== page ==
Twenty-five years ago Americans walked on the moon for the first time, and a federal agency set off an atomic bomb 8,426 feet underground in rural western Colorado.
I was there at 3 p.m. on Sept. 10,
1969, a stowaway on the surface, you might say, when our government
detonated the 43-kiloton bomb. It released 2.6 times the
destructive power of the bomb we dropped on Hiroshima,
The Atomic Energy Commission chose this
spot in western Garfield County because its scientists believed the
blast would rip apart tight sandstone formations and instantly
release vast stores of natural gas, free for the
At federally financed laboratories in
Los Alamos in New Mexico and Lawrence Livermore in California,
scientists were convinced that atoms could be split just as well
for peace as for war. Their proposals included setting off atomic
bombs to blast a sea-level Central American canal and a new harbor
on the northwest Alaska coast. Bombs would also make the
Mediterranean Sea rise and freshen so that water could flow to
irrigate the Sahara Desert. Physicist Edward Teller saw bombs as
giant shovels, or in the case of western Colorado, huge
What government scientists refused
to consider were unintended consequences: What if the natural gas
released were radioactive? Could people stand to live near the
thousands of blasts envisioned by the agency if Project Rulison,
part of Project Plowshare/Peaceful Atom,
Perhaps these were trivial questions
for an agency that saw itself as rivaling the biblical creator. As
AEC chairman Glenn Seaborg put it, "All of humanity's efforts to
restore the Garden of Eden have been futile so far. Man's machines
have not been powerful enough to compete with the forces of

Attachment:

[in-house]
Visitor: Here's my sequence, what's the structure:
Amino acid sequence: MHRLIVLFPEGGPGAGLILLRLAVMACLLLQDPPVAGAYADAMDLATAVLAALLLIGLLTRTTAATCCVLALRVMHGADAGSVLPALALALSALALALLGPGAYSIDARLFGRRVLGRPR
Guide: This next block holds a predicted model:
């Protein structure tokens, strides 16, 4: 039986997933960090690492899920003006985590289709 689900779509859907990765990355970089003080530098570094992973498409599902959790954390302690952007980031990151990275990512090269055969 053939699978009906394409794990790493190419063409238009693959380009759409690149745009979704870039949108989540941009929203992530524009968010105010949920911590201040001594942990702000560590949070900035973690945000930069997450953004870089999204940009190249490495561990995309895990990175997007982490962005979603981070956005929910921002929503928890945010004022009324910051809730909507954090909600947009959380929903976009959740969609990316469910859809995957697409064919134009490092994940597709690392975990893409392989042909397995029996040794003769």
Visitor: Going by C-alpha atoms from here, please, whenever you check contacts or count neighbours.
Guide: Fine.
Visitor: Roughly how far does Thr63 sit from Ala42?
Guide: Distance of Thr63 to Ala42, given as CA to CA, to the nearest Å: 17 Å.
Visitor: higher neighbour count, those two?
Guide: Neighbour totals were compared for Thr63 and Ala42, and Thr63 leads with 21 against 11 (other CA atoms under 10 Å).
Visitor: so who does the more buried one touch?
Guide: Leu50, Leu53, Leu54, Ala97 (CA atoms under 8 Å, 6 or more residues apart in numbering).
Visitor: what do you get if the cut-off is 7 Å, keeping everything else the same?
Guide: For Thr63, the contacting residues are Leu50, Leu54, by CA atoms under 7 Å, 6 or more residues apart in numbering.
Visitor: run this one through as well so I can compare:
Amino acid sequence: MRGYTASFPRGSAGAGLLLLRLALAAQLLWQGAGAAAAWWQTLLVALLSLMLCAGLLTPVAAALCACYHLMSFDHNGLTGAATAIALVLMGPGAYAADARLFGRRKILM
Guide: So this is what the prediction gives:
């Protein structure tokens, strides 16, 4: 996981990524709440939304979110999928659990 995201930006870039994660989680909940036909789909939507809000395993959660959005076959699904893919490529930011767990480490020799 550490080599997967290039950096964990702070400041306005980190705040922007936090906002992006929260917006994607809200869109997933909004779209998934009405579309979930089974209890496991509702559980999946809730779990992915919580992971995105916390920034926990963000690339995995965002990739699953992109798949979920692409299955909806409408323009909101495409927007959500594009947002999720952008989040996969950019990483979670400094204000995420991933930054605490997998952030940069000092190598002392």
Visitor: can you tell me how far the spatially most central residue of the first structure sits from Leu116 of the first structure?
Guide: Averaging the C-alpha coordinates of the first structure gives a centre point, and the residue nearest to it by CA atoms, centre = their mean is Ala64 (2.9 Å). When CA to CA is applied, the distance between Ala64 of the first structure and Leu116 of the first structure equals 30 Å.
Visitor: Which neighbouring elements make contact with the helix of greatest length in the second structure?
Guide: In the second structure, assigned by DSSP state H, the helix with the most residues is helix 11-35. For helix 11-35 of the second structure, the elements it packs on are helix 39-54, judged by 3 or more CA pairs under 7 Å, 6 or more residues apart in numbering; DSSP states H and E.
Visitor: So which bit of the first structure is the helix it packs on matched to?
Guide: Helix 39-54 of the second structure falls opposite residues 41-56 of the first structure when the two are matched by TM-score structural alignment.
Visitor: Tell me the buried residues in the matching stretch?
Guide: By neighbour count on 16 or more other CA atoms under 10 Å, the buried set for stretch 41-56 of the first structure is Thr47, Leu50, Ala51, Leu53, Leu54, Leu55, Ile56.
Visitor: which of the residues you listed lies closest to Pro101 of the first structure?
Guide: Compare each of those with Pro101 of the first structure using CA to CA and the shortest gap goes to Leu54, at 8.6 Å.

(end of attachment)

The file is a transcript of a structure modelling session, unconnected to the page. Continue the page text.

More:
nature." For Seaborg and his colleagues, atom bombs were God-like
Public hearings were held on the project,
and at one, David Evans, an expert on natural gas at the Colorado
School of Mines, did some AEC calculations out loud. To develop 317
trillion cubic feet of gas as the agency intended, Evans said,
13,000 underground nuclear explosions might be necessary. No one
denied this; no one knew for sure.
ongoing protests against our involvement in the Vietnam war,
hearings on Project Rulison were calm. Still, legal challenges and
other tangles delayed the blast on the southwest flank of Doghead
Mountain, in the Battlement Creek valley, from May until
Then the AEC got serious, designating
a five-mile-radius quarantine zone around the site down which the
bomb was lowered. Families living inside the zone were paid a
pittance to move out of their homes for the day. An AEC spokesman
said that the agency's deep concern for public health and safety
would not permit the bomb's detonation with people inside the
For some of us who had opposed
this bizarre scheme from the start, that statement sounded like a
deal we couldn't refuse. So in early September, 11 of us took the
AEC at its word and entered the quarantine
Weather conditions which might have carried
vented radiation into Rifle, Glenwood Springs, Grand Junction or
other population centers delayed the $11 million blast day by day
for a week. That gave us the chance to become more familiar with
On Wednesday, Sept. 10, the go-ahead
was given, and we scattered over the mountain in twos and threes,
so that we could not all be removed in one fell swoop by
authorities. We listened on portable radios to the countdown for
the blast being broadcast on Rifle's KWSR.
minutes before blast time, we set off smoke flares to confirm for
AEC officials that we were still on the mountain and inside the
quarantine zone. A blue, twin-rotor Air Force helicopter soon
hovered 50 feet above the aspen clearing where Margaret Puls and I
stood. Men in the open door gestured and shouted inaudibly at us.
They could not land on the steep slope safely, and we had no
intention of being passively taken off the mountain so the AEC
could then claim that they had lived up to their word regarding a
human-free quarantine zone. Since they'd known of our presence on
the mountain for nearly a week, we wondered if some sort of special
forces might suddenly slide down ropes from the helicopter
But the helicopter flew off, and we
followed the instructions of scientists we'd consulted: We moved